Khorasani’s killing

Published August 11, 2022

OMAR Khalid Khorasani, a dreaded TTP ‘commander’, lived by the sword and very much died by the sword. But beyond the violent life of this leading light of militancy, questions have now risen about the status of the peace process this country is pursuing with the banned outfit Khorasani belonged to after his elimination in a bombing — said to be an IED — in Afghanistan’s Paktika province, along with several other figures belonging to the terrorist group. For the record, Khorasani, born Abdul Wali in what is now KP’s Mohmand tribal district, was a founding member of the TTP and a staunch opponent of peace with Pakistan. At one time leading the Jamaatul Ahrar faction, and also pledging allegiance to the self-styled Islamic State, Khorasani was responsible for a long list of bloody attacks against this country. Therefore, while few will miss him, the killing is likely to have an impact on parleys with the TTP.

The first question that emerges is who was responsible for his elimination. At this point, it is mostly conjecture, and could range from state actors to rival militants to his Afghan hosts. After all, in the murky world of militancy, life expectancy is short, and the nature of the job means that meeting a violent end is a distinct possibility. Unless some group comes forward with a claim for the hit, we may never know who killed Khorasani. As for the more important matter of peace talks, opinion is divided about what shape the negotiations will take after Khorasani’s departure. The late terrorist was apparently not a big fan of talking to Pakistan, and was extremely rigid about the demand for reversing former Fata’s merger with KP. Moreover, another factor has emerged that is likely to shape talks with the TTP: the reshuffling of military commanders, specifically appointing Lt-Gen Faiz Hameed as Bahawalpur corps commander. While he was commanding the Peshawar corps, Gen Hameed was seen as the driving force behind talks with the TTP. It remains to be seen if his successor in Peshawar, as well as the military leadership, will be willing to pursue peace talks with the militants with the same vigour.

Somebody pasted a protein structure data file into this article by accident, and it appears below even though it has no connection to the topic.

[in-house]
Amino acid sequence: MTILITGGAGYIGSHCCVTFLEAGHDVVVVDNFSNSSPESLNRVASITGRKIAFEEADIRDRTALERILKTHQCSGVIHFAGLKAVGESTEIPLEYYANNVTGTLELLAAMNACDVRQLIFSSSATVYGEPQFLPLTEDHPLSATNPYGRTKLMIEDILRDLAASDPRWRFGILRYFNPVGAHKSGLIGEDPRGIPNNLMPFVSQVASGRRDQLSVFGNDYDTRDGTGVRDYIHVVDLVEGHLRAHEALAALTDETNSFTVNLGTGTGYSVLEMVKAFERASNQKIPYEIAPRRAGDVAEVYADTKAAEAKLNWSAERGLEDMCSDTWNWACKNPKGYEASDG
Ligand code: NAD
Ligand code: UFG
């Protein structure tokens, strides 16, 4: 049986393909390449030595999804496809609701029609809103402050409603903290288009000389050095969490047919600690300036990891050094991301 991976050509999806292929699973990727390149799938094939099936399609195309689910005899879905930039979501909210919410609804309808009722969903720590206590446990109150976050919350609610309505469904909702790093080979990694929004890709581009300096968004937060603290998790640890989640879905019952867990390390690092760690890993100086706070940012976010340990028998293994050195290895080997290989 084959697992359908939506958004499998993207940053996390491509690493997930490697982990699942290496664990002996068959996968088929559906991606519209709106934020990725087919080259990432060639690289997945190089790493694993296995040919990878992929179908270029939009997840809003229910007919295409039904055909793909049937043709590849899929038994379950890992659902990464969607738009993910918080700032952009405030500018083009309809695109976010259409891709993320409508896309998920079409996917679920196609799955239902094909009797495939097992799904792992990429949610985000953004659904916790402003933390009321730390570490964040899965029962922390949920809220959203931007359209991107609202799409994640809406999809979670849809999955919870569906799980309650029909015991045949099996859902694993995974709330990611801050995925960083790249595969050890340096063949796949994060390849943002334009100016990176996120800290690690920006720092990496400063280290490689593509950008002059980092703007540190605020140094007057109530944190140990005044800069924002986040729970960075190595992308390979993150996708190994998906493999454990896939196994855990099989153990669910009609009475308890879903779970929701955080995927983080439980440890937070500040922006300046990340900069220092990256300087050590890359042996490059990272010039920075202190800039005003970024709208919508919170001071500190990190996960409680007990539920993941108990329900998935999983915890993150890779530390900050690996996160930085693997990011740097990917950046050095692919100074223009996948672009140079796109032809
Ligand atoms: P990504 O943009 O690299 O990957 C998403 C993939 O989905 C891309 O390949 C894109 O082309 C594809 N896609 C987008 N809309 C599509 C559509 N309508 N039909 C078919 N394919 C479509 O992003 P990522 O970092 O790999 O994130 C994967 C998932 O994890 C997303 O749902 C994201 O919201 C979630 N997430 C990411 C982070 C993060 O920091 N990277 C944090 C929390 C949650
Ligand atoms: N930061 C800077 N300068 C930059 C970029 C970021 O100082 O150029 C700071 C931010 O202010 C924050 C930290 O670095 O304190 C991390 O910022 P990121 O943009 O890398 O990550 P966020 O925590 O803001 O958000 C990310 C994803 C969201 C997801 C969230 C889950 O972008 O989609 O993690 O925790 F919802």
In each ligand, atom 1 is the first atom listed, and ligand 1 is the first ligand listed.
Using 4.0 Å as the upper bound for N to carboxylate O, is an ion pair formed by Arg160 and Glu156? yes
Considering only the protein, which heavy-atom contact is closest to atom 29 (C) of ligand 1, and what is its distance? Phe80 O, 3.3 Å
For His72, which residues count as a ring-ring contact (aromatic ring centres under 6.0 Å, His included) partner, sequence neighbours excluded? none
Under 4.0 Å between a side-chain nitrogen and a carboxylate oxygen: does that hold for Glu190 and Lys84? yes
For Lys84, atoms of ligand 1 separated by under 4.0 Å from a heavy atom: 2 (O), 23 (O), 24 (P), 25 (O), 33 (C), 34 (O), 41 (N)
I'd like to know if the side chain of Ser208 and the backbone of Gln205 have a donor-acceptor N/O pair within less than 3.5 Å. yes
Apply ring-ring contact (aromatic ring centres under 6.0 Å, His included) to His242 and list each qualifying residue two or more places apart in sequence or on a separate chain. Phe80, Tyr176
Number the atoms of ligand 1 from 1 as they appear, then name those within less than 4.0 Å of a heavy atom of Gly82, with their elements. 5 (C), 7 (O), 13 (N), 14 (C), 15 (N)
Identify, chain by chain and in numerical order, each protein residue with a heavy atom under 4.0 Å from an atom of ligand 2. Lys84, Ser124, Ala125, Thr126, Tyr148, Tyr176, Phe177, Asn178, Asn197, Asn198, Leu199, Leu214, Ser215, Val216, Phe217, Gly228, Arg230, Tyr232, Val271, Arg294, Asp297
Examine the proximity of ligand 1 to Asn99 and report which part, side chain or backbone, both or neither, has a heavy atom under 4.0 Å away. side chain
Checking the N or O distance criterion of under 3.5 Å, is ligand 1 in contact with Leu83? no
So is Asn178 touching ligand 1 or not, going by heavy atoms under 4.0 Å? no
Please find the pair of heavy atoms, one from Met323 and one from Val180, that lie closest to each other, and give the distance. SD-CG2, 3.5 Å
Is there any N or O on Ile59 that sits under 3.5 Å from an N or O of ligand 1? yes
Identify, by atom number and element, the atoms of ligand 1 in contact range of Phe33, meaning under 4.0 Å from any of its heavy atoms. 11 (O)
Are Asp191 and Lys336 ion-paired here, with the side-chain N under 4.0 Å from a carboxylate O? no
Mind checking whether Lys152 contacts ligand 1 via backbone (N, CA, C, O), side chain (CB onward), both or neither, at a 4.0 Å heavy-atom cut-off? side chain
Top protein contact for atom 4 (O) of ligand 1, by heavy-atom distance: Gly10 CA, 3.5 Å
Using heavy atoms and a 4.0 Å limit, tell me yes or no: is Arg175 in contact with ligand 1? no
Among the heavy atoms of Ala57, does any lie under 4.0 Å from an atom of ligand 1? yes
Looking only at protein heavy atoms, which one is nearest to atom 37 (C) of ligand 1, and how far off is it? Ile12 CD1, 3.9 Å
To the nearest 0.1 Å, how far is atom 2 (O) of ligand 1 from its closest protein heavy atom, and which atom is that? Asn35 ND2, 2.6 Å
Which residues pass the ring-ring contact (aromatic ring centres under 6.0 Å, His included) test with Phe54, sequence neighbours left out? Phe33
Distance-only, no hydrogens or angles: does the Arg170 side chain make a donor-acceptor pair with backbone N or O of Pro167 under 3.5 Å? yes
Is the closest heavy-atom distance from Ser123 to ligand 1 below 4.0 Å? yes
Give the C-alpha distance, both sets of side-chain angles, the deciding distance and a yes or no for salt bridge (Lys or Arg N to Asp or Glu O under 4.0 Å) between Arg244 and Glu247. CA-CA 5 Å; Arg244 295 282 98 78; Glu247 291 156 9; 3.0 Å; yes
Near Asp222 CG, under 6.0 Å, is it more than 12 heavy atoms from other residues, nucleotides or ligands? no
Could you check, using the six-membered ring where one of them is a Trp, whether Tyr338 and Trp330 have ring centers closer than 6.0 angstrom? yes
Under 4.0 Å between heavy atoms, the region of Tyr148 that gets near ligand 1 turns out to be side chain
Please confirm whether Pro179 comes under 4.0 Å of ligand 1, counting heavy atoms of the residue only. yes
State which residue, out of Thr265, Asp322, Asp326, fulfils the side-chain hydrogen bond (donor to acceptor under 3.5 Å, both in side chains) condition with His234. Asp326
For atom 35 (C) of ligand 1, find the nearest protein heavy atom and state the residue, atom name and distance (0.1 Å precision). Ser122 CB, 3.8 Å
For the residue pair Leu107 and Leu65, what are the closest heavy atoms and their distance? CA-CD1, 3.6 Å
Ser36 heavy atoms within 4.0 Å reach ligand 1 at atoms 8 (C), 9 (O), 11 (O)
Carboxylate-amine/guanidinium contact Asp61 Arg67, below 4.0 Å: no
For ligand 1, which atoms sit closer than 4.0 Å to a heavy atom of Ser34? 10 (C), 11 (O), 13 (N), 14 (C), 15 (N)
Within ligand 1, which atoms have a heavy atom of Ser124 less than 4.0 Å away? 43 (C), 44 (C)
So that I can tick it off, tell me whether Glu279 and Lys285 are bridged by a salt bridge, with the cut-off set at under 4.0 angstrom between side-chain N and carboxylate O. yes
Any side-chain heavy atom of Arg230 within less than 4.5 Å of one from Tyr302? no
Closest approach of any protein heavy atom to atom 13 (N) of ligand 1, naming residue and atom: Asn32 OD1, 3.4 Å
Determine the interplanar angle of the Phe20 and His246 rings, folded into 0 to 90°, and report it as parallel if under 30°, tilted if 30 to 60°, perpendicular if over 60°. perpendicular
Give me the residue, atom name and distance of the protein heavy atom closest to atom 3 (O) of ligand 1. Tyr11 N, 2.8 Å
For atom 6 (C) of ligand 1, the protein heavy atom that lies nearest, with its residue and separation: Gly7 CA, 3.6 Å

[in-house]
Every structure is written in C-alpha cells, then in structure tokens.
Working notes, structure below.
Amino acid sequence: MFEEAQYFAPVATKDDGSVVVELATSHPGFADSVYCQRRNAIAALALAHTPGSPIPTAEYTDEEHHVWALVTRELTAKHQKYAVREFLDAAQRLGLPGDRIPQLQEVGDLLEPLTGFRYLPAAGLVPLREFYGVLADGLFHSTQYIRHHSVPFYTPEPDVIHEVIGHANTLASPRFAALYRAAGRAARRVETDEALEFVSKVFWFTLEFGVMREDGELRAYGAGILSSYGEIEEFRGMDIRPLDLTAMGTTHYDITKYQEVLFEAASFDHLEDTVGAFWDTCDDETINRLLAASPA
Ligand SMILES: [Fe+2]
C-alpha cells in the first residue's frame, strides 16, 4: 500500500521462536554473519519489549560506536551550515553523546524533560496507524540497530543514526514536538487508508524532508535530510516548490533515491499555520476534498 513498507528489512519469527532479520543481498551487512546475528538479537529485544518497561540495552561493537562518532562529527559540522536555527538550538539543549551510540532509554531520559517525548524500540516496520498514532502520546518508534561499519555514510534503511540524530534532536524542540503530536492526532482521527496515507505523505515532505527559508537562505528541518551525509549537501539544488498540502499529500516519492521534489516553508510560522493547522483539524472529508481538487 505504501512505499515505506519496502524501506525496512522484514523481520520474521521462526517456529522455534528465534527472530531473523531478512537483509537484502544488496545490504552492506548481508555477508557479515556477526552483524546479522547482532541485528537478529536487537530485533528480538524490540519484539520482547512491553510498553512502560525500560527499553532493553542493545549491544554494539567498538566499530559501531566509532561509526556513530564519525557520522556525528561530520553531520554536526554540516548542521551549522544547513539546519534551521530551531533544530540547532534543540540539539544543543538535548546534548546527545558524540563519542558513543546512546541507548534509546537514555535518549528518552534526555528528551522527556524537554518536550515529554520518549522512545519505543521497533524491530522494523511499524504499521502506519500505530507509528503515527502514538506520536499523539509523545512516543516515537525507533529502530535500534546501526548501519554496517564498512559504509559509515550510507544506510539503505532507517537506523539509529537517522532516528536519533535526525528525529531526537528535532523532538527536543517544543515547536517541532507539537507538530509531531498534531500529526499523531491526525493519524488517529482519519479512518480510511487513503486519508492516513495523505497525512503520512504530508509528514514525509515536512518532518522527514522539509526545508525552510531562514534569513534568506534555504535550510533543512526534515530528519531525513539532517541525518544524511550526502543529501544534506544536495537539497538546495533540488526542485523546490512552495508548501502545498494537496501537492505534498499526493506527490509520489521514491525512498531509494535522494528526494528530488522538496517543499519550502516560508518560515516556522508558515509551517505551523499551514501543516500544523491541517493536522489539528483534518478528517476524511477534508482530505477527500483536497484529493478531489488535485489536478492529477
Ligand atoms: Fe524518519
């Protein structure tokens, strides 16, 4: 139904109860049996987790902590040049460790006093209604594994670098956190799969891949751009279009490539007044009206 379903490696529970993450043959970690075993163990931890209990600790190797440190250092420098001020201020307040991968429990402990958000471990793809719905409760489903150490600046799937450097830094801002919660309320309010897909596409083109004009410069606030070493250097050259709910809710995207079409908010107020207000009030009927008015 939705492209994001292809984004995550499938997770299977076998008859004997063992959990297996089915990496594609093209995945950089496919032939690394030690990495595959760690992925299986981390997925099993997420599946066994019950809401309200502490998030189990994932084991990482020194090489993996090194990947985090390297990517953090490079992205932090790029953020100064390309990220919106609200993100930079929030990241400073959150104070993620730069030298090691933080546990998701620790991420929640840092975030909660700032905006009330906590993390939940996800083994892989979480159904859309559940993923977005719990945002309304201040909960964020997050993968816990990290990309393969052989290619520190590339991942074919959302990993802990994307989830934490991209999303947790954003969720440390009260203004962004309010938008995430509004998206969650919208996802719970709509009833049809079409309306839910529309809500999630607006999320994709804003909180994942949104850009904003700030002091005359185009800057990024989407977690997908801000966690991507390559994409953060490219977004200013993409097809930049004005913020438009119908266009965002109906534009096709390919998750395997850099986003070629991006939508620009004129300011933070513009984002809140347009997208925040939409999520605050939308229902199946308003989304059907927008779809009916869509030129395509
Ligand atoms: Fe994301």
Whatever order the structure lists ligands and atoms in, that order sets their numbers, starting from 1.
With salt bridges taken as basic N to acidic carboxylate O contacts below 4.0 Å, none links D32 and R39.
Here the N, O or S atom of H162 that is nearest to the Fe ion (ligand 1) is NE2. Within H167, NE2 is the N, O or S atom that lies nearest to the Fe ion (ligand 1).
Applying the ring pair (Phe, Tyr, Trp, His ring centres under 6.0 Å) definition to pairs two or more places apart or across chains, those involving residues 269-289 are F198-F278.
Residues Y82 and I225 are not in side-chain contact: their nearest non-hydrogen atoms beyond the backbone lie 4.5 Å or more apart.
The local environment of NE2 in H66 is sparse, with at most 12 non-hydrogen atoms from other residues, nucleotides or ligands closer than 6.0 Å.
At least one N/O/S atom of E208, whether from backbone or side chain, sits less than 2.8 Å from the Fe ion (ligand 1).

So far the TTP has remained quiet about the fate of negotiations. There was a statement from the terrorist group eulogising Omar Khalid Khorasani’s so-called ‘services’ to the ‘cause’, but nothing about the status of the talks. Certainly, if the more hard-line group within the TTP prevails, we can assume talks will most likely break down. This paper has always argued that talking to the militants — especially going the extra mile to accommodate them — is a bad idea. The desire for peace from the other side is lukewarm at best, and the state must have a strategy ready to counter the terrorists if they decide to ditch talks and again take up the gun.

Published in Dawn, August 11th, 2022

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